Mayuri Upadhya, in conversation with Bulbul Sharma, talks about the challenges of choreographing a musical play and raising professional standards for the fraternity of dancers.

 

Choreographer Mayuri Upadhya talked to Guardian 20 about her new musical play Raunaq & Jassi, working with director Feroz Abbas Khan and her future plans.

Q. How and when did you begin your career as a choreographer?

A. It’s more than a career to me. Dance frees me! It is the only life I know.

Perhaps, my first introduction to the mind of a choreographer was when I was a little girl. I knew I had a gift when I could physically be present in a classroom whilst mentally escaping to my world of imagination. Dance was a means of escape from my math class. Like Calvin and Hobbes I liked to travel between worlds, time and space and dance became that creative outlet.

Q. Talk to us about your association with director Feroz Abbas Khan in musicals—Mughal-e-Azam and Raunaq & Jassi?

A. The man has knowledge, taste, and refinement, both in his art and to his outlook to life. Whether he’s working on a film or a stage production, his vision andhold over his craft is thorough. When I see his body of work there appears a very distinct ‘Feroz Abbas Khan-signature’ style. It is classic! He is a director that I look up to and our association over the years from stage to chai shops, board rooms to backstage discussing work and musing about our life’s learning has taught me a lot. I’ll always be grateful to him for things he’s challenged and inspired me with.

Q. How different or similar was the approach while choreographing these two musicals?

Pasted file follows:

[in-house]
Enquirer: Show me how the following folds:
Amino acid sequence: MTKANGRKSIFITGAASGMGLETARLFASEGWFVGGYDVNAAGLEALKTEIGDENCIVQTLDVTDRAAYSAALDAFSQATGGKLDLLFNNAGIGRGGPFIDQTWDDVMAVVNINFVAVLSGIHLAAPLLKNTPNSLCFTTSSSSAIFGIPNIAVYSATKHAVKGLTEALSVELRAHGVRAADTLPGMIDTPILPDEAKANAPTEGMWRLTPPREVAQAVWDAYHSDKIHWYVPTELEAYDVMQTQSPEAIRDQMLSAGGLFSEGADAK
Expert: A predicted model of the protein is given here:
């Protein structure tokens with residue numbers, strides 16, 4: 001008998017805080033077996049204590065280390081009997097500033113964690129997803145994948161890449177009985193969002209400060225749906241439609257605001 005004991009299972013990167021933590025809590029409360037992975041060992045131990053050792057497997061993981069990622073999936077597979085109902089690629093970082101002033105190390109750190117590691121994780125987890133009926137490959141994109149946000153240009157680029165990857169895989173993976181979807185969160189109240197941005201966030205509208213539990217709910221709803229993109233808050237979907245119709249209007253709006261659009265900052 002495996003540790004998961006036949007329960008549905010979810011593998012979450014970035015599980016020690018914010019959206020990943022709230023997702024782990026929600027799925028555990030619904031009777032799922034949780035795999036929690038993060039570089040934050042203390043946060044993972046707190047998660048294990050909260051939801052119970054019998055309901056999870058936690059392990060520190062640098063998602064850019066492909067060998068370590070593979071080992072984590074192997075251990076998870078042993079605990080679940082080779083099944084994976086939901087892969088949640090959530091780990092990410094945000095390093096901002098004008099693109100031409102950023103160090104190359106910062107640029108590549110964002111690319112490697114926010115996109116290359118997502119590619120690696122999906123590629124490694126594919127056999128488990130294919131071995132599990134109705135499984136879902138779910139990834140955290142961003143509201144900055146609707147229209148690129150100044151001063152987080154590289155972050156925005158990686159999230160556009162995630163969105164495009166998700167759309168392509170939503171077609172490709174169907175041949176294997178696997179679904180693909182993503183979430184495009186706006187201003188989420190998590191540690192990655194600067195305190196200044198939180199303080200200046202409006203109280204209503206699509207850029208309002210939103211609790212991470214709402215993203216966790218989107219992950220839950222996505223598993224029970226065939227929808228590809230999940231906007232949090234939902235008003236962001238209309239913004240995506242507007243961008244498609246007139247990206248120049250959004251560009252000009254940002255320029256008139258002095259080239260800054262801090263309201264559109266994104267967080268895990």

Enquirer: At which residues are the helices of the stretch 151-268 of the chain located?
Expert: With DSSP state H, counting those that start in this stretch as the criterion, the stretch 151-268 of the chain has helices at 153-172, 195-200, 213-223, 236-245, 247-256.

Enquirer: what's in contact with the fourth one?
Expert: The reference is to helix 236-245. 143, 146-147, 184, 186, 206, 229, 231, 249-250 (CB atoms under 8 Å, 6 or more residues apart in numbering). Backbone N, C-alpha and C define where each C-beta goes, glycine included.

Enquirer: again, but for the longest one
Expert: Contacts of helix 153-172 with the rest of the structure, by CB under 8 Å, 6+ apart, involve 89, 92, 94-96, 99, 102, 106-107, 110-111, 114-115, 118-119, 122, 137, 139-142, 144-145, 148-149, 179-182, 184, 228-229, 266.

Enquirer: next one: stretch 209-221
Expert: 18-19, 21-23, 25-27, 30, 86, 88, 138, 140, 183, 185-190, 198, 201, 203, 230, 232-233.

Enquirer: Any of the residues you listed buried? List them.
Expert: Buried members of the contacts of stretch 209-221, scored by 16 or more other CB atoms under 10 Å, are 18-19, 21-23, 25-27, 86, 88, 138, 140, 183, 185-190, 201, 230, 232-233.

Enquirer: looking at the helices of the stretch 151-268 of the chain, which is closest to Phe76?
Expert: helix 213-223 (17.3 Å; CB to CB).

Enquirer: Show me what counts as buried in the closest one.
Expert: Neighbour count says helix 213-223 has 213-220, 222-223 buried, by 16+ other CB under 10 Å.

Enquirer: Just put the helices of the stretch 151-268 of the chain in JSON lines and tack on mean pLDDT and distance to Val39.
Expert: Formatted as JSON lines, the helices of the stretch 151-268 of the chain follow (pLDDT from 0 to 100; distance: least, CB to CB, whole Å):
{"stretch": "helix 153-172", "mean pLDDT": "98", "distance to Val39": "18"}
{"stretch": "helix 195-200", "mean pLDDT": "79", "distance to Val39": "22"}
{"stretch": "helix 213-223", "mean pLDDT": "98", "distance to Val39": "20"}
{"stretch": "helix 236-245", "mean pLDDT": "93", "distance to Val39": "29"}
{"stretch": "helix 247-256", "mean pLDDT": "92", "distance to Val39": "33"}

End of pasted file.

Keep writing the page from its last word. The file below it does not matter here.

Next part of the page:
A. With Mughal-e-Azam it was challenging the known and with Raunaq & Jassi it was embracing the unknown. What is similar is, in both,my instincts have driven my design methods. And the difference is in the storyline, the period, scale, approach and the means to create. When you are dealing with  a classic like Mughal-e-Azam you are dealing with sentiments of people. Both Feroz sir and I were very clear that we would like to respect that. So, my exploration came with a defined border—to be as authentic as possible, approach the classical Kathak in a contemporary way and not to mess the form by fusing it with filmy movements. I watched the film once and shut it off my mind. Each morning with my filter coffee in hand I would listen to the songs and soak it into my system… It was Mayuri’s interpretation of the time and magic of Mughal-e-Azam and not a recreation of the original.

Whereas, Raunaq & Jassi is an original script and so the treatment had to be more inviting than that of complete adulation. The song numbers are energetic, foot tapping and fun. I had to tap into the culture and pulse of Punjab to create this play. Also a lot of research has gone into old authentic style of folk dancing versus current popular trends. Punjabi folk dance forms likeBhangra, Giddha, Jhumar, Luddi andJaago were used. One particular song “Jaana Jogi Da Nal” which is my favouritetook shape and inspiration from sufism. Because folk dance forms come with easy fewer combination steps I had to relymore on my design skills to create variations that go with the mood of the play. My team here included Manvinder Pal Singh as thePujabi folk dance expert and Latha B.S. as my assistant.

Q. What do you think about the scope of musicals in India?